canyon exploring with Michele Angileri

Grande Gola del Lao

The abundant springs on western Pollino range and Mount Rossino give birth to a river of clean green water whose path begins in a fertile green basin completely surrounded by mountains and dotted with ancient villages made of stone. In its first part the river is called Mercure, but then its name turns to be the ancient one, given thousands years ago by the Greeks: Lao.

Lao river exit the Mercure basin through a monumental canyon which is among the most extraordinary places in Italy: the Grand Canyon of Lao. Today anyone can see the extraordinary beauty of the canyon thanks to commercial rafting companies, who go through the canyon (every day in summer). During most of the year Lao can be traveled on kayaks or inflatable rafts, and in winter or spring descent is difficult and dangerous. In summer flow-rate lowers so much that you can descend the canyon on foot, canyoning style. Descent requires whitewater skills to deal with strong current and dangerous rapids but this is the way to experience more deeply the nature of this majestic place: letting yourself go to the stream, traversing on rock to avoid the most dangerous points, looking the Viadotto Italia (the highest in Italy) from below knowing that cars and trucks (invisible and inaudible) pass 260 meters over you, enjoying at every step the grand scenery around you.

Name Grande Gola del Lao
Area Calabria
Nearest village Laino Borgo
Elevation loss 60 m
Length 4,5 km
Highest cascade 0 m
Rock Limestone
Shuttle Needed
Explored by First canyoning-style descent: Michele Angileri, Vincenzo Lombardi, Battista Santagada; august 1988


Detailed description: type your passcode  
Click here to buy passcodes
What you find in the detailed description

I remember ...

The Grand Canyon of Lao was the third I did in the first years of my canyoning activity (the first were the two canyons of Raganello). I had no experience of white water. My gear consisted in a k-way, a helmet and an industrial rope. I was a good hiker, a decent swimmer, a very bad climber, and that was ... what? a paradise of green water and grey rock or a hell of impracticable rapids embedded in tight corridors of stone?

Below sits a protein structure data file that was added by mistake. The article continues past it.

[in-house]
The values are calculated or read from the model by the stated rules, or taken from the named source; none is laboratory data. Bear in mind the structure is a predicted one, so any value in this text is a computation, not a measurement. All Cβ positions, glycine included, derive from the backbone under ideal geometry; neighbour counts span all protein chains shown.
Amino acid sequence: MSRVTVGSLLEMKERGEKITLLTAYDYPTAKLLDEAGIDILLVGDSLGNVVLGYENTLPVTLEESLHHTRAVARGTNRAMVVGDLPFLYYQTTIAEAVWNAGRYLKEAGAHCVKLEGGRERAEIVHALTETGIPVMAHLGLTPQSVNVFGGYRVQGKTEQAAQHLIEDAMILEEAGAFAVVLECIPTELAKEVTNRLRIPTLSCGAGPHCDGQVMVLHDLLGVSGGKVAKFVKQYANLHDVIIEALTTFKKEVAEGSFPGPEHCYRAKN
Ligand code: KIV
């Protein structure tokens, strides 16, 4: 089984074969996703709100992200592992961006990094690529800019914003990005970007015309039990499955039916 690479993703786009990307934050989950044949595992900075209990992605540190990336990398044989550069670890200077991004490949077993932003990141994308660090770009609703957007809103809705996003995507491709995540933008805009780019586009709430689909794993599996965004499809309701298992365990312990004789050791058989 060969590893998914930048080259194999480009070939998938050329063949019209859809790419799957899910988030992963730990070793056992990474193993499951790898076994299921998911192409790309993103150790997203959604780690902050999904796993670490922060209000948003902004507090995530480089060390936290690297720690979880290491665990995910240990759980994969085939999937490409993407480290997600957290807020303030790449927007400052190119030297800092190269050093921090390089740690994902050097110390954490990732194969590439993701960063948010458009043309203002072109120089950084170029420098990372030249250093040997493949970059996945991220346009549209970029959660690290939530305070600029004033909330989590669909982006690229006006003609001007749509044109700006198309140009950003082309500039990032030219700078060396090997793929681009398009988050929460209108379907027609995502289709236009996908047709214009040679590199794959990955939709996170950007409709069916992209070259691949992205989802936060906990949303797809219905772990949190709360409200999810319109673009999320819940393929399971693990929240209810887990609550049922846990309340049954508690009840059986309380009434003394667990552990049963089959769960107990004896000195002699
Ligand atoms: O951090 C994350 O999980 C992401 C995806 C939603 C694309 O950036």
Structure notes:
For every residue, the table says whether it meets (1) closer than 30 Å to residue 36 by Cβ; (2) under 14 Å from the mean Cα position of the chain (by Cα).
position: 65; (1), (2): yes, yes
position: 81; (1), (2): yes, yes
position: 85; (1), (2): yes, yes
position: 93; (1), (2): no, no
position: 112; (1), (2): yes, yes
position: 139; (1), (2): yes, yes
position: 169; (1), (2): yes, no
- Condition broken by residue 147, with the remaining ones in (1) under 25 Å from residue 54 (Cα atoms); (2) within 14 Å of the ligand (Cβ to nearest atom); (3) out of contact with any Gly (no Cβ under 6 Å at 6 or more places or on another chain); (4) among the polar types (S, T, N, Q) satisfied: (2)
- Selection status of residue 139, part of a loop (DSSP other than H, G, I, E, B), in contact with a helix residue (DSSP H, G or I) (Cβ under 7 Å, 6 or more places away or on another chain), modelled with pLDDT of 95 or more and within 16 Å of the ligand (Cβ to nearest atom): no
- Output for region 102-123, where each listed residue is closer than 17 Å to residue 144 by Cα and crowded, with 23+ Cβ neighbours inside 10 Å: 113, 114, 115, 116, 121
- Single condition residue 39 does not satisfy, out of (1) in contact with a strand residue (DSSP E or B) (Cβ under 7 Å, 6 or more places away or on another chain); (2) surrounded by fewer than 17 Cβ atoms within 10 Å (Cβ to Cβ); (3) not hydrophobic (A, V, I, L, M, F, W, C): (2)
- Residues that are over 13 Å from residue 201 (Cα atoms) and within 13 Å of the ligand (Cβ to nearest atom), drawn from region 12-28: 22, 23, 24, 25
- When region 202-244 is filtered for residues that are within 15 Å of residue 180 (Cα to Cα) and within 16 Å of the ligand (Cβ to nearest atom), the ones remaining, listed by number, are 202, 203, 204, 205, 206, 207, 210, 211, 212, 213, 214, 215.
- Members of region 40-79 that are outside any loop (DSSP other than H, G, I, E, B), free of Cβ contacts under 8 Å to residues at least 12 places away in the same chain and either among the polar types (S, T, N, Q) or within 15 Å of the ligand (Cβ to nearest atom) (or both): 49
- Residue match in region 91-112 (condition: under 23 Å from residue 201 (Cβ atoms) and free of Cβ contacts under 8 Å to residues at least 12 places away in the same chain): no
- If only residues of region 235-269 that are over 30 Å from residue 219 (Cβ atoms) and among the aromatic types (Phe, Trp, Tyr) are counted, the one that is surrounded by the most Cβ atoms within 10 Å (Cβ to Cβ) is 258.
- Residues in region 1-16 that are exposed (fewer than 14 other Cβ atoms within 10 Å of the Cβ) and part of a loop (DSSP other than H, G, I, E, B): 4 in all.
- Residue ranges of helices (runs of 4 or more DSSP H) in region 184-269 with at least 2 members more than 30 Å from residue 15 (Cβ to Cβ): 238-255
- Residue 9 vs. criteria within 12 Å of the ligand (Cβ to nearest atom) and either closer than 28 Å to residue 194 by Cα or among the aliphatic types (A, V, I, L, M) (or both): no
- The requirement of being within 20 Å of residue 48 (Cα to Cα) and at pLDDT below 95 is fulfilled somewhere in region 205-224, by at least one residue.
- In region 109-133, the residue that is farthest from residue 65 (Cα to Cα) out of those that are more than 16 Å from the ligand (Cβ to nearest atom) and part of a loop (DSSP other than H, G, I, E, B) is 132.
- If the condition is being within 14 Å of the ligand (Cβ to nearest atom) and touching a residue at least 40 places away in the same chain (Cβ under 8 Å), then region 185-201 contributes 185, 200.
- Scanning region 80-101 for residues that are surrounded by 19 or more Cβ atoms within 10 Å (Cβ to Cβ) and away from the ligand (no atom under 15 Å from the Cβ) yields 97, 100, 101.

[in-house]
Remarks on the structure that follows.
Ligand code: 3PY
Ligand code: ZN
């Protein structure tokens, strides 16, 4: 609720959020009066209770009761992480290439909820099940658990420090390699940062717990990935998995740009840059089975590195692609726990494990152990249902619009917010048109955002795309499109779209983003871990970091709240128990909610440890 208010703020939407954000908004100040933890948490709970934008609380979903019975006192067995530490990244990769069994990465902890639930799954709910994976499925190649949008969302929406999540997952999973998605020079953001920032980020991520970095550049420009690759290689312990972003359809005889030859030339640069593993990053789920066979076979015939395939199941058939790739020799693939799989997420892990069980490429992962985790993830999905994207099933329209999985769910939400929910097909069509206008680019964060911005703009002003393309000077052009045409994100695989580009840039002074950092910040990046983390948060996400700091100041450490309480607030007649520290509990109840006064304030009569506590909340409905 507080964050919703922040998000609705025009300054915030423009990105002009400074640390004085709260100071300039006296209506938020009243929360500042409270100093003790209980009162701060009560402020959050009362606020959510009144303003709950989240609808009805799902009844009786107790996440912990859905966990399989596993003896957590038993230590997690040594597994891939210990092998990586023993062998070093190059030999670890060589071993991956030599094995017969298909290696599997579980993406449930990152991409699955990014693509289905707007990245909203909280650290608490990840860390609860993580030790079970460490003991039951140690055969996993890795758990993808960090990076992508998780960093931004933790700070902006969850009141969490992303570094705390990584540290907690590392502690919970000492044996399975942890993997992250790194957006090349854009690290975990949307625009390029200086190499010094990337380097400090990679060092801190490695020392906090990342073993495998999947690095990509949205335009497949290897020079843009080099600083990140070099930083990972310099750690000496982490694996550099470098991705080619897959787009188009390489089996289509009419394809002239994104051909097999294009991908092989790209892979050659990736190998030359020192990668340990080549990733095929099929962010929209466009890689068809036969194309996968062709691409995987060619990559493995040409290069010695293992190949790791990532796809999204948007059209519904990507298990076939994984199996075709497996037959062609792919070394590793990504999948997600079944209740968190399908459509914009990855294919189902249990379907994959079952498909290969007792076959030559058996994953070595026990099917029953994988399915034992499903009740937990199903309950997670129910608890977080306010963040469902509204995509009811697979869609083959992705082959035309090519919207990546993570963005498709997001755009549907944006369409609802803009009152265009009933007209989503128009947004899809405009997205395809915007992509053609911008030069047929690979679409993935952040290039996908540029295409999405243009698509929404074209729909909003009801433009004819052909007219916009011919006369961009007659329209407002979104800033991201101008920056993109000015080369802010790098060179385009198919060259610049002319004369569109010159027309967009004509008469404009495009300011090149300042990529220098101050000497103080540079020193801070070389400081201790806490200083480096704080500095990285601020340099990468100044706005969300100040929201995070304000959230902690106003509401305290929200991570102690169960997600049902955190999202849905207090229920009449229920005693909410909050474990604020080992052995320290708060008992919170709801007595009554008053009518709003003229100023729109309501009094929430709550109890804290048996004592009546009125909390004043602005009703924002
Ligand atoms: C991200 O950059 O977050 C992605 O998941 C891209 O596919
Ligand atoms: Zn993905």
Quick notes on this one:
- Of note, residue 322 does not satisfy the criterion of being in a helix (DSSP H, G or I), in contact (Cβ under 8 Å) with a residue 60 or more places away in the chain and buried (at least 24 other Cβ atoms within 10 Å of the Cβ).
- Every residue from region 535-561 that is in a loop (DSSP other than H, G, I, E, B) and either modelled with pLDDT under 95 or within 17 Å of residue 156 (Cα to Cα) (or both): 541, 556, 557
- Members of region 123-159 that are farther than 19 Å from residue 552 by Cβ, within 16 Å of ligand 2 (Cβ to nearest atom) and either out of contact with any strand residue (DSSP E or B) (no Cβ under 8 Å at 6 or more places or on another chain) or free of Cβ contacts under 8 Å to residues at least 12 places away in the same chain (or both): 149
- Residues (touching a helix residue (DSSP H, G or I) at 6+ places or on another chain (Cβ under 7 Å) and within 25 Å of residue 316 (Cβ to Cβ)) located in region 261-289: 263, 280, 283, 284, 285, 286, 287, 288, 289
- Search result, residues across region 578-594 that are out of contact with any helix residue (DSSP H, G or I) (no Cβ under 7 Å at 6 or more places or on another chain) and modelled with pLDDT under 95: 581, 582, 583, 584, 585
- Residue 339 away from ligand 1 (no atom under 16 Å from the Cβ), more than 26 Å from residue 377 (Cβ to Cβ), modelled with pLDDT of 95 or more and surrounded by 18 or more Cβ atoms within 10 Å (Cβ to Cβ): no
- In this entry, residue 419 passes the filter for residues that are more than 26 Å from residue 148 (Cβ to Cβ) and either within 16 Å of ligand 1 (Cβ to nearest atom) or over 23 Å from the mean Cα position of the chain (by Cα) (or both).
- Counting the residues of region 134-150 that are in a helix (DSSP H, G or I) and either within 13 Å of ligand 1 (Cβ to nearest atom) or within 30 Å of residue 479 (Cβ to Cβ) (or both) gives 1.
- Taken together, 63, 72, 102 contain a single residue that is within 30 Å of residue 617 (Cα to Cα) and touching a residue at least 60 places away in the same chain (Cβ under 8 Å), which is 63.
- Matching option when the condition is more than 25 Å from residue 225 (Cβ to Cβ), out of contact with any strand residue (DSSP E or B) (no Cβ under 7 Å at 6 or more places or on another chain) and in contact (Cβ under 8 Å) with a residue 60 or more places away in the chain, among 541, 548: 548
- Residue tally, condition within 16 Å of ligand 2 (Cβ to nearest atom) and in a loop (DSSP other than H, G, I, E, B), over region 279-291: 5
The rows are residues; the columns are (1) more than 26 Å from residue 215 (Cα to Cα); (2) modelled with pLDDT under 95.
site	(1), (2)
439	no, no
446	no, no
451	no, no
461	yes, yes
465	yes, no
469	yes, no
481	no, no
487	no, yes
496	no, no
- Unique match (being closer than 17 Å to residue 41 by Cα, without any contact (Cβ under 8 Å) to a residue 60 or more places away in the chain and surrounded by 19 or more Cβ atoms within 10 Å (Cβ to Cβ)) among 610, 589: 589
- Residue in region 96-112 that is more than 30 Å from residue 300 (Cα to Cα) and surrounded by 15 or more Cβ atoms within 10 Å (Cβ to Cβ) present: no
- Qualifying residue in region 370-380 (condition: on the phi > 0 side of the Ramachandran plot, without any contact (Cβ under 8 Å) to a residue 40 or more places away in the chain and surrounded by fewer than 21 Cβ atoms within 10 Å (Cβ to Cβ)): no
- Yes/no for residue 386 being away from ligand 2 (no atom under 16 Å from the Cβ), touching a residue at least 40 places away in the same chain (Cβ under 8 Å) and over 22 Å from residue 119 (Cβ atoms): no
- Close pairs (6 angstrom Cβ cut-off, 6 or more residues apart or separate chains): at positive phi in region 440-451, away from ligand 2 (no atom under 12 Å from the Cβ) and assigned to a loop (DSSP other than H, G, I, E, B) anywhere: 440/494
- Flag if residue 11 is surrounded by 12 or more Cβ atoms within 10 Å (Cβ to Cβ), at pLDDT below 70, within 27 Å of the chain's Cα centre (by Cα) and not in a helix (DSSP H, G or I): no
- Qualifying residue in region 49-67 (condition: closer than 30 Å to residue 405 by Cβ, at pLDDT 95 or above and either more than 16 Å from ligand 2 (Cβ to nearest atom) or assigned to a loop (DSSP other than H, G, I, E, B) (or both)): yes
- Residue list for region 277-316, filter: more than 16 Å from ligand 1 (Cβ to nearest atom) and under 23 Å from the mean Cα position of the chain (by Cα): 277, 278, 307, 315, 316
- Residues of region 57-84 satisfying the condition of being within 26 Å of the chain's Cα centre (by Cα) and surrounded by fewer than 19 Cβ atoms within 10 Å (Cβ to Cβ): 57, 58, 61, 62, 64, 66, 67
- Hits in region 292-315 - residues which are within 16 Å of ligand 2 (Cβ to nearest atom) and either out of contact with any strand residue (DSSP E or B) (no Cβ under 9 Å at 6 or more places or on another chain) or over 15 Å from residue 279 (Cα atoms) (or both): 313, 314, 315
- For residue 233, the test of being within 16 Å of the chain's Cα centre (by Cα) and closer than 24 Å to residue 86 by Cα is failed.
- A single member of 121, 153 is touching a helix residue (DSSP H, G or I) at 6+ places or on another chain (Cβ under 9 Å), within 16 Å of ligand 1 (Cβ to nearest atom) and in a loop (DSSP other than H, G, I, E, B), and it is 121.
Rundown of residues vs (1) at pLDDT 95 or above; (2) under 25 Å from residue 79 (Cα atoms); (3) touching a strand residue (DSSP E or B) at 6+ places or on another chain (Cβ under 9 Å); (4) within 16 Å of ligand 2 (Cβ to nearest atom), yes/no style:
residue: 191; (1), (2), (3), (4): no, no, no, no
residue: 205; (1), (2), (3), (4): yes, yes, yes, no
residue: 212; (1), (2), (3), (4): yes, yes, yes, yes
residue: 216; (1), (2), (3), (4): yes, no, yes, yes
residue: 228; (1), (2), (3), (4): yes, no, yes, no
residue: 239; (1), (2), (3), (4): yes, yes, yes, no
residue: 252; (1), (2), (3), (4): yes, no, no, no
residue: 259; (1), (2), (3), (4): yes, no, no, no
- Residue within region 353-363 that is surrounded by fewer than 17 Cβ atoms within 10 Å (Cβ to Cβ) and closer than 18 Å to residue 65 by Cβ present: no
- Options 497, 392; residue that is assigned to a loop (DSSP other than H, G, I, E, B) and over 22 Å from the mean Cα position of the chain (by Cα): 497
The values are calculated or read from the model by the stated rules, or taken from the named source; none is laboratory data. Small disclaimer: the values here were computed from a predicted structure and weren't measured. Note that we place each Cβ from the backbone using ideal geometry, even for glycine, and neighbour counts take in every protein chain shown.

I didn't knew it, but I wanted to discover: the stateliness of that hidden environment was a call to which I could not resist.

So I began exploring Lao gorge from the bottom: I tried to go upstream because if I could get it I would surely succeed in turning back. Once, twice, again, ... Each time the excursion ended in a point I wasn't able to pass, but once back home I worked out a strategy and the next time I succeeded. I was becoming more and more confident with the rapids and the current. Once I came not far from drowning, and surely I was lucky that and other times. I never met anyone in the canyon.

Finally, with my friend Battista, I succeeded in going up the whole canyon, except the entrance narrow (the first coming from Laino): stream was too strong to swim up and walls were too smooth to climb or traverse. I was ready for complete descent. I did it a few days later, with Battista and his cousin Vincenzo. We descended the Grand Canyon and continued descending to Papasidero.
It was in the tightest part of the canyon that comes before Papasidero that I met someone else in Lao for the first time: a group of kayakers from Salerno. They told us the Lao Canyon was frequented by kayakers since years.

I came descending Lao Canyon many times in the years. As I learned rope techniques the world of tributary canyons of Lao opened to me, but this is another story ...

Copyright © 2002- Michele Angileri. All rights reserved.